College of Architecture and Environmental Design

$466,671 positive

The college has increasing enrollment, said James Dalton, dean of the College of Architecture and Environmental Design, in an e-mail.

He said the college will continue to have a high degree of one-on-one meetings with high school students and parents. Historically, the college has a high record of retaining students and will continue to focus on doing so.

College of Arts

$1,168,258 negative

The college will continue to maintain good retention rates by giving individualized attention to students through advising and instruction, said John Crawford, interim dean of the College of the Arts, in an e-mail.

All schools within the college are actively recruiting, he said. Instructors are visiting high schools to recruit students. The college invites prospective students to performances, exhibitions and student shows.

And several schools, such as fashion and theatre and dance, are recruiting students with Facebook pages.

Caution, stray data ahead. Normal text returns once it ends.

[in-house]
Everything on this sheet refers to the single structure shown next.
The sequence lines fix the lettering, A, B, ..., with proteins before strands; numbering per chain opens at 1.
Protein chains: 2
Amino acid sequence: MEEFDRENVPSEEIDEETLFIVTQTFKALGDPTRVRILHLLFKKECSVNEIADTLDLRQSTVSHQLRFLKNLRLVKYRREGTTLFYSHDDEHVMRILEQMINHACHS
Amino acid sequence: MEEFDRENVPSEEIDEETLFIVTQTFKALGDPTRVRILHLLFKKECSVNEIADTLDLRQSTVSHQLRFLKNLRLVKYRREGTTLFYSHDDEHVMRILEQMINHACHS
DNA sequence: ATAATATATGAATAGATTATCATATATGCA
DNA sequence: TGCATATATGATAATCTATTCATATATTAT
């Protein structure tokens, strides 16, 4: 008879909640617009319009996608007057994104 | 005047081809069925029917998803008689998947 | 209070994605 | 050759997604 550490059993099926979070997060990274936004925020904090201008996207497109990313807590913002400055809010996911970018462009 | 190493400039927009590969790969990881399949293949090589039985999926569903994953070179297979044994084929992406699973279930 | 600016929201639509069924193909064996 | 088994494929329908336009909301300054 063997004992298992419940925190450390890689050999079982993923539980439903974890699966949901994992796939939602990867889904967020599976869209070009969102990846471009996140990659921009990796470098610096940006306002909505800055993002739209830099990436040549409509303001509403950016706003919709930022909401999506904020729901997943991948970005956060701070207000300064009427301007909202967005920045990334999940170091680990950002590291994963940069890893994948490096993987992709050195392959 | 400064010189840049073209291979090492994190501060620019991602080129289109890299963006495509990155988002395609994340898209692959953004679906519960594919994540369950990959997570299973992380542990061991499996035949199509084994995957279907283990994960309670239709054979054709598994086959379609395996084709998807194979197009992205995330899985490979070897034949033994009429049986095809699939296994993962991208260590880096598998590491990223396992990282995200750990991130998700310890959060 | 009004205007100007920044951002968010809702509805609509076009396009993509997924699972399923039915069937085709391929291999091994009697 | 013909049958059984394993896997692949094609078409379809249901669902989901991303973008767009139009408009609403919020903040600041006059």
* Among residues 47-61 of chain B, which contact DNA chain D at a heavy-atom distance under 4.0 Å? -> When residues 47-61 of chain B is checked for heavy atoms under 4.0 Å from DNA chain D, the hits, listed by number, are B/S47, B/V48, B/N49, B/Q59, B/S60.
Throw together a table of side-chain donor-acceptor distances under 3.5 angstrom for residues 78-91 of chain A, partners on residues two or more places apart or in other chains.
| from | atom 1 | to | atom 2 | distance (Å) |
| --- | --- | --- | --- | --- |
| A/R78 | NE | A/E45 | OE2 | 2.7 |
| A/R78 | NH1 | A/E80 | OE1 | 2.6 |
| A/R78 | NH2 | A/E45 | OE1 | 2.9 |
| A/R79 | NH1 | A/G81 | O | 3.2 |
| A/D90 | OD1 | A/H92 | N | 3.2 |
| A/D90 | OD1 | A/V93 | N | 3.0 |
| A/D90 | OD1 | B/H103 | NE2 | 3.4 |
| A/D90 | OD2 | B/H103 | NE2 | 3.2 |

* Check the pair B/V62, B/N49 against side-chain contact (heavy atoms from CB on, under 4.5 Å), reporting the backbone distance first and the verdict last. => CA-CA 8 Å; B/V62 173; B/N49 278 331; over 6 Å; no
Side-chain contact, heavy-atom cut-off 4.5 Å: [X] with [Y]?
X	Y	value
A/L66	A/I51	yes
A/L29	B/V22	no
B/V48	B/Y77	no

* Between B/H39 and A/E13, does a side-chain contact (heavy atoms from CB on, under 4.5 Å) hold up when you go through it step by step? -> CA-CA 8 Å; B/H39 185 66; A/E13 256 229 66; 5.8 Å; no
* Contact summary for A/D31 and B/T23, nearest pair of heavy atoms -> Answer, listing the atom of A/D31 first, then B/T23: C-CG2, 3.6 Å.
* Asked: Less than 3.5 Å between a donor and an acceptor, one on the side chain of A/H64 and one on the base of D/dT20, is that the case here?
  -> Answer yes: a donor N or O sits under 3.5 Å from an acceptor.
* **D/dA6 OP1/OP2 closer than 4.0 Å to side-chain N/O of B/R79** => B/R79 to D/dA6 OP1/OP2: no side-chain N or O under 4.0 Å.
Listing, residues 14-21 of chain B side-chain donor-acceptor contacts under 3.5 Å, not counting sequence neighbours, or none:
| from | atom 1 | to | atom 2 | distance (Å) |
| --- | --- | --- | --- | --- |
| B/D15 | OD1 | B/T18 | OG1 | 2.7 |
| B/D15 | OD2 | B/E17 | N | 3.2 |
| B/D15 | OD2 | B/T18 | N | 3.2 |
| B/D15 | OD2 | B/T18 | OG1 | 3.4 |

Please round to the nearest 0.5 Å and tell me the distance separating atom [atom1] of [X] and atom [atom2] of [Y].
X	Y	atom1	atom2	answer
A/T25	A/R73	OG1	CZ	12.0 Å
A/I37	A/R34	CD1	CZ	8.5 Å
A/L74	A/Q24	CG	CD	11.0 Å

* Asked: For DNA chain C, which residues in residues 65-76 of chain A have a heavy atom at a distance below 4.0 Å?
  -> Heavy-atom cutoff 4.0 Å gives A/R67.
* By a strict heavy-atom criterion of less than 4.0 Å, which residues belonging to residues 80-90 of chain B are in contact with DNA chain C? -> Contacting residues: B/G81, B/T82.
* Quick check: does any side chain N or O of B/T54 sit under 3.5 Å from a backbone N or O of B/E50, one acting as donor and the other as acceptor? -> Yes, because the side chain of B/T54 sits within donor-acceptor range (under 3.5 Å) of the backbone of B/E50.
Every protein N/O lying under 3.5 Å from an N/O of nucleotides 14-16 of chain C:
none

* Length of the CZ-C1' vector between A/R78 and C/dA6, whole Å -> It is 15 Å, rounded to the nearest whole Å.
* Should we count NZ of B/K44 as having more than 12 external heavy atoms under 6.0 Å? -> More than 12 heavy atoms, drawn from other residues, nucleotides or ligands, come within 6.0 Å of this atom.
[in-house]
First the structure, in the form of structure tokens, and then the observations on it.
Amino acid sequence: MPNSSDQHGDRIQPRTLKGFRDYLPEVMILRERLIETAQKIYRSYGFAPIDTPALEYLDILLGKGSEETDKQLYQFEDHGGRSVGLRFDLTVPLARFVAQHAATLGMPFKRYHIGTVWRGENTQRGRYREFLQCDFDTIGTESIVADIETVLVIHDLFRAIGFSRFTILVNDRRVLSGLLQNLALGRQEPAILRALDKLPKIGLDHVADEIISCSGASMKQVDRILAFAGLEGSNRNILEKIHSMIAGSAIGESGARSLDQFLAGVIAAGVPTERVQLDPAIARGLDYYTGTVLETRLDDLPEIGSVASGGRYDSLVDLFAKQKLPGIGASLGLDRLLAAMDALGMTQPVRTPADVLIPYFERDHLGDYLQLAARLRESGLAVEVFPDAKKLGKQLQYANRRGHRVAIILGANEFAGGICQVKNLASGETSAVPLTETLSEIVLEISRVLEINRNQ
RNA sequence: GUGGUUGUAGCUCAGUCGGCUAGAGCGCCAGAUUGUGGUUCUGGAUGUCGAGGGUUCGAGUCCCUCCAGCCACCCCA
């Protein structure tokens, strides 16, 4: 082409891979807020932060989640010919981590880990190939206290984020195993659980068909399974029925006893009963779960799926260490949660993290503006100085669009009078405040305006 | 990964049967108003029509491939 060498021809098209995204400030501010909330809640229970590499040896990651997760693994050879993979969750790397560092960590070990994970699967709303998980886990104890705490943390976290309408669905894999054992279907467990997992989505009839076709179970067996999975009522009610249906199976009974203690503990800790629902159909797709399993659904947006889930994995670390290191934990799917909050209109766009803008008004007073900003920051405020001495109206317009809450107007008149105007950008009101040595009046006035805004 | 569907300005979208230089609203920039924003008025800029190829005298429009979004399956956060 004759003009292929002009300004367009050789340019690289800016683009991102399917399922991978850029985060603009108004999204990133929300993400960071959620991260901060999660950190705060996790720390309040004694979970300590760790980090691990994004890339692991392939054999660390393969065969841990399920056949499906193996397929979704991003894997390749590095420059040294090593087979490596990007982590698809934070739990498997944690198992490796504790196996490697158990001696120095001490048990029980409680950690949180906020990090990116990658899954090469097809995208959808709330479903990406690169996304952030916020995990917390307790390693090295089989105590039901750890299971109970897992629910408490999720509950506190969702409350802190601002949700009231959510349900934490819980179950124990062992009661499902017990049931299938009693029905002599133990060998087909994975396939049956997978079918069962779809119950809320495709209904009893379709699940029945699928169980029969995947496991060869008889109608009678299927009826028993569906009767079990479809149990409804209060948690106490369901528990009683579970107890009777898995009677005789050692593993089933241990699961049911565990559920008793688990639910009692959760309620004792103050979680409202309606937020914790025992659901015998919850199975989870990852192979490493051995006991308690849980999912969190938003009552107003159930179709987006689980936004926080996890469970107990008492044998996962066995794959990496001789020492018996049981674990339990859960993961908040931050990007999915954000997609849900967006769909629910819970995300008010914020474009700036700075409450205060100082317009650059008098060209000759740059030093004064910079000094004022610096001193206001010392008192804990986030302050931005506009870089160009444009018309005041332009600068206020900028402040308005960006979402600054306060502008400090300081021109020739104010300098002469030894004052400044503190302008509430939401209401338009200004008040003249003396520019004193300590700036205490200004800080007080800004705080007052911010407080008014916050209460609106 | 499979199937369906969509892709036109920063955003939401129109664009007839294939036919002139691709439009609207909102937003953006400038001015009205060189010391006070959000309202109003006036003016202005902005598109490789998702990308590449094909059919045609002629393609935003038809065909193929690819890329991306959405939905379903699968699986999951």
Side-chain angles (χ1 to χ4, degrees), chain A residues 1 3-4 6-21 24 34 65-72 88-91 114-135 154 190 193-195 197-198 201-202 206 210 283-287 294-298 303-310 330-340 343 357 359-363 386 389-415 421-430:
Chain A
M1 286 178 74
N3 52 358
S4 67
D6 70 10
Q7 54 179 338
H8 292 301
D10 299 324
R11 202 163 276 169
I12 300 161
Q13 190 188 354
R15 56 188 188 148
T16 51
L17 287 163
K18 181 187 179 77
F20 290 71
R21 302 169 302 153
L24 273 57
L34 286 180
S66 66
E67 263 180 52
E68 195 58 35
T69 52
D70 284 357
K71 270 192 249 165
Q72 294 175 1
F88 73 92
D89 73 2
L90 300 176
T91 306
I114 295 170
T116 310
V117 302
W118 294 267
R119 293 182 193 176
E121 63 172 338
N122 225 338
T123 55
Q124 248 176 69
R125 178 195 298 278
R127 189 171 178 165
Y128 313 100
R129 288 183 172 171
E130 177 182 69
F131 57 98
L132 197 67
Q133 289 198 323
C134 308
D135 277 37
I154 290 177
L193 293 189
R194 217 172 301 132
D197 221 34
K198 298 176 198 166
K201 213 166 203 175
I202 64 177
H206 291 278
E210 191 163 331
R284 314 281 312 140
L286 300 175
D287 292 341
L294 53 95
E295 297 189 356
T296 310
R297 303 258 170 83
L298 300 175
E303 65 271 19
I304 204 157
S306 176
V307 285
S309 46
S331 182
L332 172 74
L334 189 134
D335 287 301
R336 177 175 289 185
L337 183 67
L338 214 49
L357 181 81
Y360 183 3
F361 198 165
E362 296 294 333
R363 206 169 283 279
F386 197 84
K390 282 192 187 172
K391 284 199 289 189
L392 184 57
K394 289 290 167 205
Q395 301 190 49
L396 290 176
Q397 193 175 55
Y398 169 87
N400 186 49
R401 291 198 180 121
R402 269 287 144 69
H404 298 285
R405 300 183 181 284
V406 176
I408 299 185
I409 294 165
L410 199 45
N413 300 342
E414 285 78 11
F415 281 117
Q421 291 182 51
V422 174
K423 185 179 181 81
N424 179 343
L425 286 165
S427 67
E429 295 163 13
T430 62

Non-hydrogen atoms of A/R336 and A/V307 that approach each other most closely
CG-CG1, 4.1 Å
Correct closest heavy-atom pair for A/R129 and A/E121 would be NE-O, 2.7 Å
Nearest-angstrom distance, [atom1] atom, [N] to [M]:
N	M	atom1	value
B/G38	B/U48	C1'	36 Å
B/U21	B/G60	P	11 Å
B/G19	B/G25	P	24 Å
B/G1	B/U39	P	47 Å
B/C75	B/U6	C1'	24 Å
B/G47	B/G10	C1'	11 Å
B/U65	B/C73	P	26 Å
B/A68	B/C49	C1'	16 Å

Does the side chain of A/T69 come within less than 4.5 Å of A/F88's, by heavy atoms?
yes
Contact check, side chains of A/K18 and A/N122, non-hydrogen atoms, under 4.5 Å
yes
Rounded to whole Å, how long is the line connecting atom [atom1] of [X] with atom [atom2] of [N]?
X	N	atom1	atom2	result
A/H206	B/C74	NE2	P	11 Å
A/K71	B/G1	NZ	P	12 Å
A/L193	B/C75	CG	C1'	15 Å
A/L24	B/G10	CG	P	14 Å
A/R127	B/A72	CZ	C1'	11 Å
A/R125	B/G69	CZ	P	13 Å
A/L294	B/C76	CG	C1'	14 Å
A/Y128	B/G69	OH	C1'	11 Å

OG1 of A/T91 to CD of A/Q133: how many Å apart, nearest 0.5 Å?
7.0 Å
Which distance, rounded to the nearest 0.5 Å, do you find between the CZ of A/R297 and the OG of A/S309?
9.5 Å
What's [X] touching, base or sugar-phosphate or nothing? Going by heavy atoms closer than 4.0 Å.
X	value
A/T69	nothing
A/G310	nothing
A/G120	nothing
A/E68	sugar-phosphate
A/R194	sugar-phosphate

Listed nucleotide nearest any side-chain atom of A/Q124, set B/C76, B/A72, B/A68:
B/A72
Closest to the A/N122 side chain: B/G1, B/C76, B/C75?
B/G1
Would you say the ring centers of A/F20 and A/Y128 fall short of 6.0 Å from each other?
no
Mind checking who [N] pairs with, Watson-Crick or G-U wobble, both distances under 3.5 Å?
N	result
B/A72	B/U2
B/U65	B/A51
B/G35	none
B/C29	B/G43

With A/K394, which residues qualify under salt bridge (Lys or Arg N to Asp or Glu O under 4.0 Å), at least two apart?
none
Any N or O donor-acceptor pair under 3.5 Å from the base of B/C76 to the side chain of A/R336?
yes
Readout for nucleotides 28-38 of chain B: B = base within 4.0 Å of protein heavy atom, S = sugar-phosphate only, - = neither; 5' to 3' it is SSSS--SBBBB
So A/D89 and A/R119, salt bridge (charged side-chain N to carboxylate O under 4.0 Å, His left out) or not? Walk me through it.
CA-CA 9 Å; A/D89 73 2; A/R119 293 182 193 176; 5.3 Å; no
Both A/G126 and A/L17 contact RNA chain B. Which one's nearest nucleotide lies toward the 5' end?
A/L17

College of Arts and Sciences

$197,560 negative

The college is redoing its efforts to visit the communities, as well as directly contacting students who applied to Kent State, said Tim Moerland, dean of Arts and Sciences. They’re also visiting high schools.

When looking for prospective students, the college is recruiting students who help meet the university’s agenda of inclusion and diversity, he said.

Sandra Morgan was recently assigned to oversee recruitment and outreach efforts. She has been in the role since the beginning of the year.

To retain students, the college is encouraging attendance.

“I can’t say this loudly enough or often enough: The best thing you can do is show up,” Moerland said.

College of Business Administration

$1,032,489 positive

“We are very much more tuned in,” Heisler said. “We’ve got to do a better job.”